I have actually seen another kind of officer’s S&G badge where the pins are left longer and bent over to secure things, sometimes, in fact, being quite long and thin. At present I don’t personally know which would be the earlier of the two, but assume this is a chronological difference and possibly one of a change in production methods? I’m thinking maybe the ones where they are bent over were done by hand, whereas the others with the more rivet-like finish were machine done? Perhaps some more experienced members have better knowledge of this?

As you’ll see I’m attaching my only Gaunt officer’s S&G badge, which is finished in the same way as yours with the pins flush with the back. Mine is also marked ‘P’ as it is silver plated, and, partly because of this, I had always suspected it was later in date, possibly Second World War period. By the way, thank you for opening up a new thread about the north-west versus east-west blade alignment question, and putting up some of your Leicesters OSD badges there as examples, including your lovely new Territorials’ one.

Best regards

Martin
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__________________
From Hindoostan, Gibraltar and Almanza; to Dunblane, Alma and Brandywine: Tigers, Steelbacks, Dutch Guards, Leather Hats, Nanny Goats and Red Feathers!
Interested in style and variation of post-1893 regimental cap badges for the Leicesters, the Northamptons, the Warwicks, the K.L.R., the R.W.F. and the D.C.L.I.

“Scutelliphiliacus in vestri insignia pergaudete”
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Old 28-04-13, 05:48 PM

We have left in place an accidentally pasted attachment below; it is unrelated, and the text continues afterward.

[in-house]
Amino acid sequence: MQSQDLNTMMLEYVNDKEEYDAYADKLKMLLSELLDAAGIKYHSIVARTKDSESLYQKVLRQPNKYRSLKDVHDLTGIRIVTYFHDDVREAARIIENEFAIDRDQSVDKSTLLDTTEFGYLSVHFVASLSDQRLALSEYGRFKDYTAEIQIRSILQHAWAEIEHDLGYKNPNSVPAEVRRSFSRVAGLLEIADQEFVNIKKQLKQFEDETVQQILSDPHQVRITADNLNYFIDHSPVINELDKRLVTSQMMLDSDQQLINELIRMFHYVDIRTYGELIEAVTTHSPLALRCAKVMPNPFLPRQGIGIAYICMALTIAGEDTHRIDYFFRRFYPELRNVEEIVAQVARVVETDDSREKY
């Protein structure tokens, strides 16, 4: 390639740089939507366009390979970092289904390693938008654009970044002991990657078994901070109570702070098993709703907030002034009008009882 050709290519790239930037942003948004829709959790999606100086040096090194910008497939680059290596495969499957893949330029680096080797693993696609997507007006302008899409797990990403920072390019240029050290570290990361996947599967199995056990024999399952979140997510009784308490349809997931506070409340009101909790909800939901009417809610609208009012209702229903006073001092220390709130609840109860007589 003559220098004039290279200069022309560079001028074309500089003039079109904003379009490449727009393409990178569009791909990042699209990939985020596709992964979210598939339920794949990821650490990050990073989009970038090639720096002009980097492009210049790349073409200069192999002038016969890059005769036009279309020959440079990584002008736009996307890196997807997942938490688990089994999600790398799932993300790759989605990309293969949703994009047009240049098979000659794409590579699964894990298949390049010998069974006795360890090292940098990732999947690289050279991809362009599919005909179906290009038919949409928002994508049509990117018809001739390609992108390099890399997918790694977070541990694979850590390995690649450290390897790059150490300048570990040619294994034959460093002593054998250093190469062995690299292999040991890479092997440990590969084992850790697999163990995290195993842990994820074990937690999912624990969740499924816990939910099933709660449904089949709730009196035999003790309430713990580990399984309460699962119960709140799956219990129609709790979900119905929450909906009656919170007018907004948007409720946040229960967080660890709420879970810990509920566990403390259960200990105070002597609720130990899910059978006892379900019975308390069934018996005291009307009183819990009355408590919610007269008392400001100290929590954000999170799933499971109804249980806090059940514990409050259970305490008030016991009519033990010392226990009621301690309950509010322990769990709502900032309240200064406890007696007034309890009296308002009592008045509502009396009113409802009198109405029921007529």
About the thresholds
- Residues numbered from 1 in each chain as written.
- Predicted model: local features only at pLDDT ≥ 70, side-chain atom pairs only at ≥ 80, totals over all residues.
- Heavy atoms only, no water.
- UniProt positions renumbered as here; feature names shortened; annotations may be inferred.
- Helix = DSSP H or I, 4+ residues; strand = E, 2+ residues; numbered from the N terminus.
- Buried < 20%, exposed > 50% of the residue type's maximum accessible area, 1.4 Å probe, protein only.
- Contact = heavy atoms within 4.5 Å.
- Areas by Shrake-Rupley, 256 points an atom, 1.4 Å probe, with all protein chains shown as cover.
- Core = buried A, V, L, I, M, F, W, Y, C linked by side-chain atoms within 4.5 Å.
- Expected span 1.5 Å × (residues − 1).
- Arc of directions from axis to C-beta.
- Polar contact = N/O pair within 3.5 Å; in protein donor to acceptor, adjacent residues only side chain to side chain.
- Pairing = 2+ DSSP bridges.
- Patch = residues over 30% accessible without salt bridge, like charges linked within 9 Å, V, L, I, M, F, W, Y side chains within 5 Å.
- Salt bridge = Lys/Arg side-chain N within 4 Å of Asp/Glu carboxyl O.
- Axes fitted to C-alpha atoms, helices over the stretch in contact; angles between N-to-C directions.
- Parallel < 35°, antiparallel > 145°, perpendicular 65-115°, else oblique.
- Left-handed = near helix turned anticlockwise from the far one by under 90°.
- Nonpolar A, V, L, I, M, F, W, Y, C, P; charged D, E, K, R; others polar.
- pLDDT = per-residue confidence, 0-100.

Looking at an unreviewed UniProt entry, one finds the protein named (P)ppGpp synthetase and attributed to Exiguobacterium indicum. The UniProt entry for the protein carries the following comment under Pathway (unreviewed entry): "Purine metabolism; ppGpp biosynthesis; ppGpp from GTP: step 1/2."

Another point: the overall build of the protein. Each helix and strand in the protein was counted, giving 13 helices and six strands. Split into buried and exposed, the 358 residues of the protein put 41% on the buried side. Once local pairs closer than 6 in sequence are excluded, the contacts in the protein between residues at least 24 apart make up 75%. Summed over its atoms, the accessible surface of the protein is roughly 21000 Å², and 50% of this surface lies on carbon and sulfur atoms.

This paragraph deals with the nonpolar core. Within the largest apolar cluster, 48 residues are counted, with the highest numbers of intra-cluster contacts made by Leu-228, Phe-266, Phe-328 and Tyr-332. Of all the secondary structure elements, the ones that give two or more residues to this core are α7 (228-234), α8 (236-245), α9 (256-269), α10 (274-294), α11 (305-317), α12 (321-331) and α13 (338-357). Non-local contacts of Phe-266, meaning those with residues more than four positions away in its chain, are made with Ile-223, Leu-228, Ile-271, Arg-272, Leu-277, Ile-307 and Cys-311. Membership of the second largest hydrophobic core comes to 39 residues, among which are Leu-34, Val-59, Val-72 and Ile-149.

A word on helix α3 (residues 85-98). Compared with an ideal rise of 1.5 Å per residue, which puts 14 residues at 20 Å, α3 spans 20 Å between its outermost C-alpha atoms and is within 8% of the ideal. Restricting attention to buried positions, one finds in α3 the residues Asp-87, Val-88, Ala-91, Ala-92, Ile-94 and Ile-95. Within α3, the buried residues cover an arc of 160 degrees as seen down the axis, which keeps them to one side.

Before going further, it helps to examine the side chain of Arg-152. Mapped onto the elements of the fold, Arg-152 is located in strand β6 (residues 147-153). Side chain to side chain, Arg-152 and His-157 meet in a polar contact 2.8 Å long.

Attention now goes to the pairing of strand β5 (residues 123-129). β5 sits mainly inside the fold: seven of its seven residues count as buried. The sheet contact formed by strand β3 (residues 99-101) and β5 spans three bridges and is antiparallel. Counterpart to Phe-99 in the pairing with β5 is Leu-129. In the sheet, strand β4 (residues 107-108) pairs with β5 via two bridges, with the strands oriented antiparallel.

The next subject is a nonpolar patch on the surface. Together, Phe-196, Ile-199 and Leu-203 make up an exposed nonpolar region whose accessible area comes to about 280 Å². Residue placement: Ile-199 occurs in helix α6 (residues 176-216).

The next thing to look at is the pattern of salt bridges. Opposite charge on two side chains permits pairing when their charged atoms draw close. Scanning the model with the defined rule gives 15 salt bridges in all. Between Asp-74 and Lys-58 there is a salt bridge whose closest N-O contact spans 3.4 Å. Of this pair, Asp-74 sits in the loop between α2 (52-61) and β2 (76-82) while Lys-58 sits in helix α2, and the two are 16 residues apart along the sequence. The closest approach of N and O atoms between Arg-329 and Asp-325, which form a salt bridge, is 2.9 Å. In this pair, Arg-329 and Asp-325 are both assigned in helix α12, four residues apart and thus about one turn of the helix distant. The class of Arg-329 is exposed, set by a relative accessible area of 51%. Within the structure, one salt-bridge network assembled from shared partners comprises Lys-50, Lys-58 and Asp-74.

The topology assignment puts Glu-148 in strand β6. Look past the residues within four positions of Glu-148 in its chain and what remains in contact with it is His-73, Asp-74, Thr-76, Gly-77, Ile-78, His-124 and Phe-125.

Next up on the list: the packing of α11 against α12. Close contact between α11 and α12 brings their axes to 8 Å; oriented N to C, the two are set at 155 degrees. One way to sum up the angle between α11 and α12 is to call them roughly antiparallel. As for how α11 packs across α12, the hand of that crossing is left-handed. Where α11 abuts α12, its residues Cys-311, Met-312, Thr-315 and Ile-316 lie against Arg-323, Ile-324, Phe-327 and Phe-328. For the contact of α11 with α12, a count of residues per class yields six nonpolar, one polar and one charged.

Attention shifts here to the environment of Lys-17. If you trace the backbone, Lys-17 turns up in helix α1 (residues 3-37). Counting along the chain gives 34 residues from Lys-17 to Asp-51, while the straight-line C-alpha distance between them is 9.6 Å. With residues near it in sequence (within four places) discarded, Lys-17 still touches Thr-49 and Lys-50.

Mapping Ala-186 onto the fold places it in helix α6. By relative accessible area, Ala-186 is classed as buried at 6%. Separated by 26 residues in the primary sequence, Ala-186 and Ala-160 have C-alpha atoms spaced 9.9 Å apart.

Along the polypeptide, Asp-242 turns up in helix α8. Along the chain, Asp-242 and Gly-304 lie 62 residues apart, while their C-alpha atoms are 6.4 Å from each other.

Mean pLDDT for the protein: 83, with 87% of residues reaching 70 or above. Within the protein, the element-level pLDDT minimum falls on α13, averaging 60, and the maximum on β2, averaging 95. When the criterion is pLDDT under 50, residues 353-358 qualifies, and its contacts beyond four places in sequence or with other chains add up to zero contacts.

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I refer to them as 'rivets' whether bent over or finished flush. I have early (ie 1896 Patt KLR) with rivets bent over (prob Firmin) and 2nd WW (1926 Patt Ludlow) also bent over. Flush ones of the same sort of dates so I think probably maker's variations but that they became neater in time and only second rate manufacture (eg Ludlow) retaining the bent over style.
I had always associated the P with Gaunt - and I have a couple of 1896 Patt (KLRs) with it (one also maker marked) - but I also have a 1950 Patt (KLR) P marked Firmin !
I think many of us have realised that there are very few 'hard and fast rules' in badge development ! Some areas I thought were chronological turn out to be differing maker's styles of contemporary date.

PS, Dean I suspect your second tiger is theatre made - or even a 2nd WW 'home' produced badge). As an exmple look at this King's S&G badge (please excuse the 'unfinished' photographs). Not only is it a hybrid between two well known variations (my 1926 Types 1 and 2) but fairly crudely made. Now for the evidence - it was attached to a 1939 dated cap made by a well known military tailor so the badge was almost certainly made in the UK !
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Last edited by KLR; 28-04-13 at 06:47 PM.
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  #9